Social collapse

Humans seem to have evolved one way of enforcing order onto potentially chaotic social arrangements. This is known as “altruistic punishment”, a term used by Ernst Fehr and Simon Gachter in a landmark paper published in 2002 [4]. An altruistic punishment is a punishment that costs you as an individual, but doesn’t bring any direct benefit. As an example, imagine I’m at a football match and I see someone climb in without buying a ticket. I could sit and enjoy the game (at no cost to myself), or I could try to find security to have the guy thrown out (at the cost of missing some of the game). That would be altruistic punishment.

Altruistic punishment, Fehr and Gachter reasoned, might just be the spark that makes groups of unrelated strangers co-operate. To test this they created a co-operation game played by constantly shifting groups of volunteers, who never meet – they played the game from a computer in a private booth. The volunteers played for real money, which they knew they would take away at the end of the experiment. On each round of the game each player received 20 credits, and could choose to contribute up to this amount to a group project. After everyone had chipped in (or not), everybody (regardless of investment) got 40% of the collective pot.

Under the rules of the game, the best collective outcome would be if everyone put in all their credits, and then each player would get back more than they put in. But the best outcome for each individual was to free ride – to keep their original 20 credits, and also get the 40% of what everybody else put in. Of course, if everybody did this then that would be 40% of nothing.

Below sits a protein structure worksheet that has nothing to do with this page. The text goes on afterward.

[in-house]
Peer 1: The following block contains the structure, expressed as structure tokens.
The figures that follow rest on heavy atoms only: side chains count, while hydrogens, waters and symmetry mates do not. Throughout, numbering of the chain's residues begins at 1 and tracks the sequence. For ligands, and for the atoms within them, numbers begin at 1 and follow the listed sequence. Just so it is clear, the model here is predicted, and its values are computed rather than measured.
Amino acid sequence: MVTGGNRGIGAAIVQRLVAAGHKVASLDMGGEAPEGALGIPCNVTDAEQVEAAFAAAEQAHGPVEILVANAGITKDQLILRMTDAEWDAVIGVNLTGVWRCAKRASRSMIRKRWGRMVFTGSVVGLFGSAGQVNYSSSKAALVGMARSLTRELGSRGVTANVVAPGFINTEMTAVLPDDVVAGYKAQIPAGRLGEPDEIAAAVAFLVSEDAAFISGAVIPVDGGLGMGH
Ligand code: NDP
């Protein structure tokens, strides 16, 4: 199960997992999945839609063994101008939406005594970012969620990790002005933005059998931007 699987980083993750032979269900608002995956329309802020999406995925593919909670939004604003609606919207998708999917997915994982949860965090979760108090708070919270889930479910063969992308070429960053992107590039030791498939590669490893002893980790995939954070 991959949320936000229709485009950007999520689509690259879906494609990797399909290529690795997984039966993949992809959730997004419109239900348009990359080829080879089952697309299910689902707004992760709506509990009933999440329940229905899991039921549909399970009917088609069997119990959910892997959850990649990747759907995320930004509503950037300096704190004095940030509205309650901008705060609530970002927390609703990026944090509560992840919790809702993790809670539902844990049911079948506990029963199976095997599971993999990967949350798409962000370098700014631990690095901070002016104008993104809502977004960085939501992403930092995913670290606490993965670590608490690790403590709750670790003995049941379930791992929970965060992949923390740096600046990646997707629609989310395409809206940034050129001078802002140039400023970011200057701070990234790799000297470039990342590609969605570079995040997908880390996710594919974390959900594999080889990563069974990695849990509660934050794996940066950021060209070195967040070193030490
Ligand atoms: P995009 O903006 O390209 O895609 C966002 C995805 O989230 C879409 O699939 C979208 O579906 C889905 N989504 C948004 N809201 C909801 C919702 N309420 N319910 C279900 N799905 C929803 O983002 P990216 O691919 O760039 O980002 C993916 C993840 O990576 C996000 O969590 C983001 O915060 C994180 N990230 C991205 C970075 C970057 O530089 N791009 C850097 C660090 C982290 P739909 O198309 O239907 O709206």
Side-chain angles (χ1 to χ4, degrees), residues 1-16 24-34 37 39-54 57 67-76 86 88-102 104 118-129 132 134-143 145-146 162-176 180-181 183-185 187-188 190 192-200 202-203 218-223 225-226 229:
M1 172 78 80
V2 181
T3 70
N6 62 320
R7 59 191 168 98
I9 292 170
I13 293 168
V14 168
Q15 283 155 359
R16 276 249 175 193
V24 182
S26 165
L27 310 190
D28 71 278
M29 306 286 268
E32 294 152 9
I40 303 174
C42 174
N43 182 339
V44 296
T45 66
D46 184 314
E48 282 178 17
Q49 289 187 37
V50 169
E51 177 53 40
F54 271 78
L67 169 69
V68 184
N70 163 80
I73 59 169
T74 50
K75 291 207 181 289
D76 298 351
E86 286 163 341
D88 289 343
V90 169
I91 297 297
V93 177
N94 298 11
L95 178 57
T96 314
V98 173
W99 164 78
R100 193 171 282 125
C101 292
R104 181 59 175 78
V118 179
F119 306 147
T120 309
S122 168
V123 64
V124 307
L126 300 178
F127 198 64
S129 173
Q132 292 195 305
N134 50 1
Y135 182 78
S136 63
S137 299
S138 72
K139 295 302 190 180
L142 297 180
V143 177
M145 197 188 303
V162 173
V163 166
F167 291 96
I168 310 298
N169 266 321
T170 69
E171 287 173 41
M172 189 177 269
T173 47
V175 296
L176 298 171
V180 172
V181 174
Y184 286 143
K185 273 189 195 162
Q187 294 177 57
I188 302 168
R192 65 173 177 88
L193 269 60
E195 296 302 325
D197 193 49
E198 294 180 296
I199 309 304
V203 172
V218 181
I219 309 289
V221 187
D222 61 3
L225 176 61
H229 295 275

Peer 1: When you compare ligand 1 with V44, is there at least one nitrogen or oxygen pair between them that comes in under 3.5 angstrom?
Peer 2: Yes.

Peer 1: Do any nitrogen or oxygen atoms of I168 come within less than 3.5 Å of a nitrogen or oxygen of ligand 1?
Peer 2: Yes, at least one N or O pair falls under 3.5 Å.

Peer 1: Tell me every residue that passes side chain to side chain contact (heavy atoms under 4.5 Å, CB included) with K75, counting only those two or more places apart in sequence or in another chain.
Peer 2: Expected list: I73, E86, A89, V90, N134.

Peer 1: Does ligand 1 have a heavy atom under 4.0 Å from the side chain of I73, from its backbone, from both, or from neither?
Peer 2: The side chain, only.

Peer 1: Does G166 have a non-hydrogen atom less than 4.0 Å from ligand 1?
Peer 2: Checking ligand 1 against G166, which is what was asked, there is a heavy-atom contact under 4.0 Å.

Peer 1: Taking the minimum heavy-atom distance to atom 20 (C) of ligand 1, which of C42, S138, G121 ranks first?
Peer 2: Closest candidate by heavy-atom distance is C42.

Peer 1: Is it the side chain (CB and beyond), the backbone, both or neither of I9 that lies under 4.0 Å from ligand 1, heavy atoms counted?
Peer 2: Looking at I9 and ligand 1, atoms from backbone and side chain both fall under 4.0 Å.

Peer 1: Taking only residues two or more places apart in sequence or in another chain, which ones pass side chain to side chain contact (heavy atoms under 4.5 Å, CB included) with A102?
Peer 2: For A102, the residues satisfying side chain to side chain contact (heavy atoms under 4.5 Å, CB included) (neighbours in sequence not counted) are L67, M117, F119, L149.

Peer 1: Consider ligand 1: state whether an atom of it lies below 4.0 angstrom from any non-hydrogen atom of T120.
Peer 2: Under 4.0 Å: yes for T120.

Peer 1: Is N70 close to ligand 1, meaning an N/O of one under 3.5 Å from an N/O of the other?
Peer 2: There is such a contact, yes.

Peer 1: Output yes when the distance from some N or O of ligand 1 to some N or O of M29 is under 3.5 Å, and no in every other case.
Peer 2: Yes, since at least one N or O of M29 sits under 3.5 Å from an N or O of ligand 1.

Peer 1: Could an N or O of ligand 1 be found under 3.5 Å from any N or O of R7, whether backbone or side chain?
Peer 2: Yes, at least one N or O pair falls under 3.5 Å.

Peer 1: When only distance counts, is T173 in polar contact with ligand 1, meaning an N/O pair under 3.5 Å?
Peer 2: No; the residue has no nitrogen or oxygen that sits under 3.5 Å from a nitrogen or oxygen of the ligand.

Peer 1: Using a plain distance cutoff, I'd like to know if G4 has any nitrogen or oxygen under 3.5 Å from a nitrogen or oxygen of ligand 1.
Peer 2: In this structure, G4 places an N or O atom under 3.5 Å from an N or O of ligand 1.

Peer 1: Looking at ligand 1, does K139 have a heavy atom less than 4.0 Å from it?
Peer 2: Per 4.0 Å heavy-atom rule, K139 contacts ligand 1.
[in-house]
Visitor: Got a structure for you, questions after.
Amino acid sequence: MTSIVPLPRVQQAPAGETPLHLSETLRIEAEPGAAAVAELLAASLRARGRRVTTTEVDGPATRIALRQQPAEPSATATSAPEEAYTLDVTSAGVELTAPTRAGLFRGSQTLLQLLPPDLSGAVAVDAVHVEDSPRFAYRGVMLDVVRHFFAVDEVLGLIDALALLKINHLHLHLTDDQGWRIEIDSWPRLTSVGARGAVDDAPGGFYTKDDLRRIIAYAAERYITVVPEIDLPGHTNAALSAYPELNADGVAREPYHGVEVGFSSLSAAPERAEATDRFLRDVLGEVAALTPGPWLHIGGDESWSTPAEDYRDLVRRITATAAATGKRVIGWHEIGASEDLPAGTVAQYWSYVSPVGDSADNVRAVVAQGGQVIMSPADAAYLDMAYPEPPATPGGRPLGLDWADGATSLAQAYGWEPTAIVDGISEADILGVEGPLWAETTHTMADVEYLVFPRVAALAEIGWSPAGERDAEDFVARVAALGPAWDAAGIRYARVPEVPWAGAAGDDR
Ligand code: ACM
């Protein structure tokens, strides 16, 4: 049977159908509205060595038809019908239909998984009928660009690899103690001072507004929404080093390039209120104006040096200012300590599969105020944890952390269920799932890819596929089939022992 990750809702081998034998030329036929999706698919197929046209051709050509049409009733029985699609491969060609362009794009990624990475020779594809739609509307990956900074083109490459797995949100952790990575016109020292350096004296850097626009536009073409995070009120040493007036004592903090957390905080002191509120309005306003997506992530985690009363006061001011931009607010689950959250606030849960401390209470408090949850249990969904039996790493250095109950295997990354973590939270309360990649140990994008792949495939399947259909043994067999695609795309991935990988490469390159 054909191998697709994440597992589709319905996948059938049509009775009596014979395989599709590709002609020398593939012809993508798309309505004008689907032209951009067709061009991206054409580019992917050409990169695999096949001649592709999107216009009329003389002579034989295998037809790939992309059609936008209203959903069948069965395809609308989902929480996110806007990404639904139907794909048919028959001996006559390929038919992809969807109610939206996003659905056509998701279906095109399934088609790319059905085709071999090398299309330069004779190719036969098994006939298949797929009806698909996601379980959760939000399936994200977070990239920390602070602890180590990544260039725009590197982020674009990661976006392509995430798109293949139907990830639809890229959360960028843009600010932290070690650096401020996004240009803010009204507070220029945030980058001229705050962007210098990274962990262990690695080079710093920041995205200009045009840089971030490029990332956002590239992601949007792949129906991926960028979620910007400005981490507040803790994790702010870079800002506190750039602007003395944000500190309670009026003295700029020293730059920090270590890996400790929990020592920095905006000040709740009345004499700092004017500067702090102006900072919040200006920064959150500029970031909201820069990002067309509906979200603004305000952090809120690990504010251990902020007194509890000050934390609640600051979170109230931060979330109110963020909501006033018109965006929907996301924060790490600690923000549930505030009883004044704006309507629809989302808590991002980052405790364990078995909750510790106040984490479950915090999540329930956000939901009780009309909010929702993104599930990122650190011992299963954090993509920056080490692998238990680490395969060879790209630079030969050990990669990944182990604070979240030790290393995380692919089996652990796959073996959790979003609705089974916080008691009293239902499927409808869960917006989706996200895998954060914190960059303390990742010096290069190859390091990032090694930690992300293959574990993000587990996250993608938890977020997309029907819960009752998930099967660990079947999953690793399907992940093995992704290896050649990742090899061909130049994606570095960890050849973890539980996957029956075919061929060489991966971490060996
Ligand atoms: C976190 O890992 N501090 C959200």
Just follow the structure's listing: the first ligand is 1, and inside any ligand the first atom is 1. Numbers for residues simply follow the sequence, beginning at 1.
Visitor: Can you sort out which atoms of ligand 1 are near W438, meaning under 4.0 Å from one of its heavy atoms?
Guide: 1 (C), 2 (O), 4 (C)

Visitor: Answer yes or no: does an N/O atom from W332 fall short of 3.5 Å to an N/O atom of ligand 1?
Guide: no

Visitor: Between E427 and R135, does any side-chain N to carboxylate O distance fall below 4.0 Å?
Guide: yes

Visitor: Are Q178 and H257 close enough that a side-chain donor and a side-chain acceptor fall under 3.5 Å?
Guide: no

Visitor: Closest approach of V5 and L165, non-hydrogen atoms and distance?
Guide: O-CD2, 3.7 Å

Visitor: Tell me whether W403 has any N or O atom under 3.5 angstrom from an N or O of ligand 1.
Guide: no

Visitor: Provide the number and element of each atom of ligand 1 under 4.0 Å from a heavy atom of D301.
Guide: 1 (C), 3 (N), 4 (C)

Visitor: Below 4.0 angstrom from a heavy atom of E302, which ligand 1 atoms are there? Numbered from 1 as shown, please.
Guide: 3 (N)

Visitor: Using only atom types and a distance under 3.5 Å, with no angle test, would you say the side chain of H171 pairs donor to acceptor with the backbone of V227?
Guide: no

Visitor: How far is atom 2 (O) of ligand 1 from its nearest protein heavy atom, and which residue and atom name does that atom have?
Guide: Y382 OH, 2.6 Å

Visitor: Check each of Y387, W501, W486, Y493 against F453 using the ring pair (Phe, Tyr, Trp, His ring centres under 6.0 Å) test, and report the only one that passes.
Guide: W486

In this scenario what happened looked like a textbook case of the kind of social collapse the free rider problem warns of. On each successive turn of the game, the average amount contributed by players went down and down. Everybody realised that they could get the benefit of the collective pot without the cost of contributing. Even those who started out contributing a large proportion of their credits soon found out that not everybody else was doing the same. And once you see this it’s easy to stop chipping in yourself – nobody wants to be the sucker.

Rage against the machine

A simple addition to the rules reversed this collapse of co-operation, and that was the introduction of altruistic punishment. Fehr and Gachter allowed players to fine other players credits, at a cost to themselves. This is true altruistic punishment because the groups change after each round, and the players are anonymous. There may have been no direct benefit to fining other players, but players fined often and they fined hard – and, as you’d expect, they chose to fine other players who hadn’t chipped in on that round. The effect on cooperation was electric. With altruistic punishment, the average amount each player contributed rose and rose, instead of declining. The fine system allowed cooperation between groups of strangers who wouldn’t meet again, overcoming the challenge of the free rider problem.